1. Flip Murray
In 2002 an unheralded guard named Ronald “Flip” Murray, who played his college ball at a Mississippi junior college and Division II’s Shaw University, was drafted in the second round by the Milwaukee Bucks. He played all of 42 minutes (scoring a total of 23 points) in Milwaukee before being a throw-in in the trade that sent Ray Allen to Seattle* and Gary Payton to Milwaukee. The following season Flip Murray would be the star of his very own version of “Linsanity.” Granted his was cooler because his name was “Flip.” Over his first 11 starts Murray averaged 23.9 points per game on 50 percent shooting while dominating defenses. As the season continued, and teams began to learn how to guard him, Murray’s star began to fade. His shooting percentage dropped and with it his minutes. By the end of the year Murray was averaging a little over 12 points per game and had settled into his role as an average back-up guard. This is all to say that despite what many will tell you, there is a precedent for this kind of explosion, and it doesn’t guarantee success. Don’t be shocked if Jeremy Lin regresses to the mean.
*Can you believe the NBA ever thought basketball would work in a podunk town like Seattle? It’s nice and all, but it’s not a bustling metropolis. You know, like Oklahoma City.
2. Seven Seconds Or Less
Knicks coach Mike D’Antoni has been a very unpopular man in New York. Not only have his teams been consistently disappointing, but they’ve been disappointing while undermining what many consider to be the identity of the franchise. Where fans expect a hard-nosed, defense-driven team like those of the Ewing, Starks, and Oakley era, D’Antoni’s teams are built around the idea of “seven seconds or less,” a philosophy that puts almost no weight on defense, but instead focuses on getting high-percentage shots (especially threes) as quickly as possible (ideally in under seven seconds). Because of this fast-paced system, point guards who can get to the hoop (you know, like Jeremy Lin) typically look much better than they actually are*. It’s like how for years Texas Tech quarterbacks would break passing records and then never make a dent in the pros. Jeremy Lin may just be the Texas Tech quarterback of Knicks point guards.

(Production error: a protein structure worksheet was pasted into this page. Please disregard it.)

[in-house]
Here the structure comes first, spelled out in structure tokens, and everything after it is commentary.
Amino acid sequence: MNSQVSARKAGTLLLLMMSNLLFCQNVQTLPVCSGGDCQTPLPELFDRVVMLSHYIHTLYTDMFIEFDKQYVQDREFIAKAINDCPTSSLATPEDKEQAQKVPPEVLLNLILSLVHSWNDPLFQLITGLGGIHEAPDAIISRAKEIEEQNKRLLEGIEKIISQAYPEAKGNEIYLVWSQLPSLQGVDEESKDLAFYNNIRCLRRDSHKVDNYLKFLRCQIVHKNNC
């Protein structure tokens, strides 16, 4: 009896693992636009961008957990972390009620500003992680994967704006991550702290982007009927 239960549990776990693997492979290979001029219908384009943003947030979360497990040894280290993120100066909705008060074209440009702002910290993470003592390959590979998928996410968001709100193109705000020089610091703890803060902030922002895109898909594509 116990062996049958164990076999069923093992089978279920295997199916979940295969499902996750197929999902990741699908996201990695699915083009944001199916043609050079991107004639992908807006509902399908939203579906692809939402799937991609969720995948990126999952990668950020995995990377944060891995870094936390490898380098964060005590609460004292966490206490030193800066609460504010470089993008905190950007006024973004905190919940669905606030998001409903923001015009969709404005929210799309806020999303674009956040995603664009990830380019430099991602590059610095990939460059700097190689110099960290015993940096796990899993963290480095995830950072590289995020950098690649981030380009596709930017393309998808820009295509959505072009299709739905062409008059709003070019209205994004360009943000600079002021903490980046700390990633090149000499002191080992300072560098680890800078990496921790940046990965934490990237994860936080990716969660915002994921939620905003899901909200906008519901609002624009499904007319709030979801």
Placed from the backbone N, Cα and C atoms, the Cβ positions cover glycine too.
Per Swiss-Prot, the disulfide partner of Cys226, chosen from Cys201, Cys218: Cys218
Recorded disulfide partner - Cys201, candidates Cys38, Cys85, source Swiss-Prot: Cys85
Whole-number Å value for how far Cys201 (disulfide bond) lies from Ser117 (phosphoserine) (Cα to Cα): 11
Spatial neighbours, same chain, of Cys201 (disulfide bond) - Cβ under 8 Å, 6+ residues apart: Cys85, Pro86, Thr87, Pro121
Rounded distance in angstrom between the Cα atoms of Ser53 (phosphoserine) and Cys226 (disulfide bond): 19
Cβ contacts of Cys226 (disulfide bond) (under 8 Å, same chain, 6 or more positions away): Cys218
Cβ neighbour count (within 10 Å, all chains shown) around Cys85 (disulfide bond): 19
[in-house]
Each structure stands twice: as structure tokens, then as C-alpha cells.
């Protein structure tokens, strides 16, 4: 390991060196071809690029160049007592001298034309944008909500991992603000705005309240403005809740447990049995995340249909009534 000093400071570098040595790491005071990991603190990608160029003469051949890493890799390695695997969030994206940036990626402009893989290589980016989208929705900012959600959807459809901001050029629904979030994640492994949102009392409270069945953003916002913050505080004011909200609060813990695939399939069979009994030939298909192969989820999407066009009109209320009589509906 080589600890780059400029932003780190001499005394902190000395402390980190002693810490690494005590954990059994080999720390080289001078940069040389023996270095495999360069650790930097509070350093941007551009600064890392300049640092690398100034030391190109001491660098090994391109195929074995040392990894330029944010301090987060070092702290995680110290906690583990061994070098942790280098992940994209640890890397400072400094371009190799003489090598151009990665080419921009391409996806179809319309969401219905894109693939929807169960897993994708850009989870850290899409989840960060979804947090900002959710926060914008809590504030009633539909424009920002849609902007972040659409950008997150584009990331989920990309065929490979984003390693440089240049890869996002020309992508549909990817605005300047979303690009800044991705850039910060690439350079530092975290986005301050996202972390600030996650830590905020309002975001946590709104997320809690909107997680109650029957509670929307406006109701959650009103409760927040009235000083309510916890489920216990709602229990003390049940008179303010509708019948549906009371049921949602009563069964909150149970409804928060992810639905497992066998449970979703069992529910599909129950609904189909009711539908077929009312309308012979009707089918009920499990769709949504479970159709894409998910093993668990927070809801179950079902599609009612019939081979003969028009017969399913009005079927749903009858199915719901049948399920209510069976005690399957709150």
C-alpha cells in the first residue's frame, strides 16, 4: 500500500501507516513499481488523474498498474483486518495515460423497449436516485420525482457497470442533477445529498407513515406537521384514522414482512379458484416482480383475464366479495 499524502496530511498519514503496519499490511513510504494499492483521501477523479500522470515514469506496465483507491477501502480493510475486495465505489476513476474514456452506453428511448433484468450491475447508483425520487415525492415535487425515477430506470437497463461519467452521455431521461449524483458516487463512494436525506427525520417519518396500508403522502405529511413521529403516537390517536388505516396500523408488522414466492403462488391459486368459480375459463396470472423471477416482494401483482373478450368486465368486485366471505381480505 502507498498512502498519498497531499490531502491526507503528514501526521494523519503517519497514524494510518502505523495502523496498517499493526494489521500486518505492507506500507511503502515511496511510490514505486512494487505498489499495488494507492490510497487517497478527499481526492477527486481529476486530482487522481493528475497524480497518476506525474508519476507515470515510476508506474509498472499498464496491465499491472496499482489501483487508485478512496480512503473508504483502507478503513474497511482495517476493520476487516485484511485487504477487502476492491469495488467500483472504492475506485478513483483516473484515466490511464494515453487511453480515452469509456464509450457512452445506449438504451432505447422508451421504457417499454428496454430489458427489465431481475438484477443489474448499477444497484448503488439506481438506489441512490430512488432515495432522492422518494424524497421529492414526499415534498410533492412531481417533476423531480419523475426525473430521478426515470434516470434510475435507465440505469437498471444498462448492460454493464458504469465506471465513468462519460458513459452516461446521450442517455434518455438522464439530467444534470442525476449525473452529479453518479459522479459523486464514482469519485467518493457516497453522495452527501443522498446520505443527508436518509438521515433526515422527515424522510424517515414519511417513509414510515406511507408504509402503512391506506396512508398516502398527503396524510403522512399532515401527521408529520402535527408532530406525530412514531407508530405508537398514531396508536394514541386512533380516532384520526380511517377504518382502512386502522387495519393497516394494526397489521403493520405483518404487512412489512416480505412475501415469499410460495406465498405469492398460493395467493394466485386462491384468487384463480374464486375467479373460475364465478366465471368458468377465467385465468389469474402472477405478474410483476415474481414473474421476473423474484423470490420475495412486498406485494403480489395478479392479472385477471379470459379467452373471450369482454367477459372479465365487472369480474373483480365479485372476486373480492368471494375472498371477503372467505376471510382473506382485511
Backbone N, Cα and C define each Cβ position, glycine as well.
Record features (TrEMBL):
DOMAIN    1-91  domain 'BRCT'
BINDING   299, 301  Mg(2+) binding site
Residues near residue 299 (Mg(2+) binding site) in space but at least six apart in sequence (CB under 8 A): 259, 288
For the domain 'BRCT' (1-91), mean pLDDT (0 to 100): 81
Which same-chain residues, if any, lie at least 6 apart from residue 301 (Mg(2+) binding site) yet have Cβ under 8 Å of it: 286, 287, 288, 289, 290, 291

*See Felton, Raymond.
3. Lockout Shortened Season
We’re watching terrible basketball this year. Sure we’ve had a lot of close and entertaining games, but you can count on one hand the number that have been well-played from beginning to end. When you take an extremely shortened training camp, add in too many games over too few days, and not enough time for in-season practices, you get the NBA equivalent of pick-up basketball. Specifically the lack of practice time hurts a team’s ability to scheme against a particular player. That’s going to benefit Lin in the short term, but will probably catch up to him.
4. Competition So Far
Jeremy Lin’s explosive week has come at the expense of two teams that are insulting the game of basketball nightly (the Nets and the Wizards), two awful defensive point guards (Utah’s Devin Harris and the ghost of Lakers guard Derek Fisher) and a rookie (Minnesota’s Ricky Rubio). Now I’ll acknowledge that Ricky Rubio is actually a good defender, but Lin’s game against the Spanish Jonas Brother was by far his weakest performance (shooting only 33% from the field and 57% from the free throw line). Will he be able to continue this dominance as he faces tougher opposition?
As Linsanity grows, so do the expectations for the former Harvard guard. The nice thing about being unheralded is that any success is gravy. This is particularly true of a player for a team that was struggling as mightily as the Knicks were going into last week (they had lost 11 of their last 13). But suddenly Jeremy Lin is a phenomenon. The Knicks can’t keep Lin gear in stock. His signed rookie card is going for $1500 on eBay. Jason Whitlock is making racist jokes about him. ESPN is mentioning him so much that people might think he plays quarterback for the Denver Broncos. The bright lights are now upon him. Some people thrive under that kind of attention*. Some fold**. We don’t yet know which category Jeremy Lin belongs in, but we’re going to find out.
*Like Chauncey Billups in Detroit.
**Like Chauncey Billups anywhere else.
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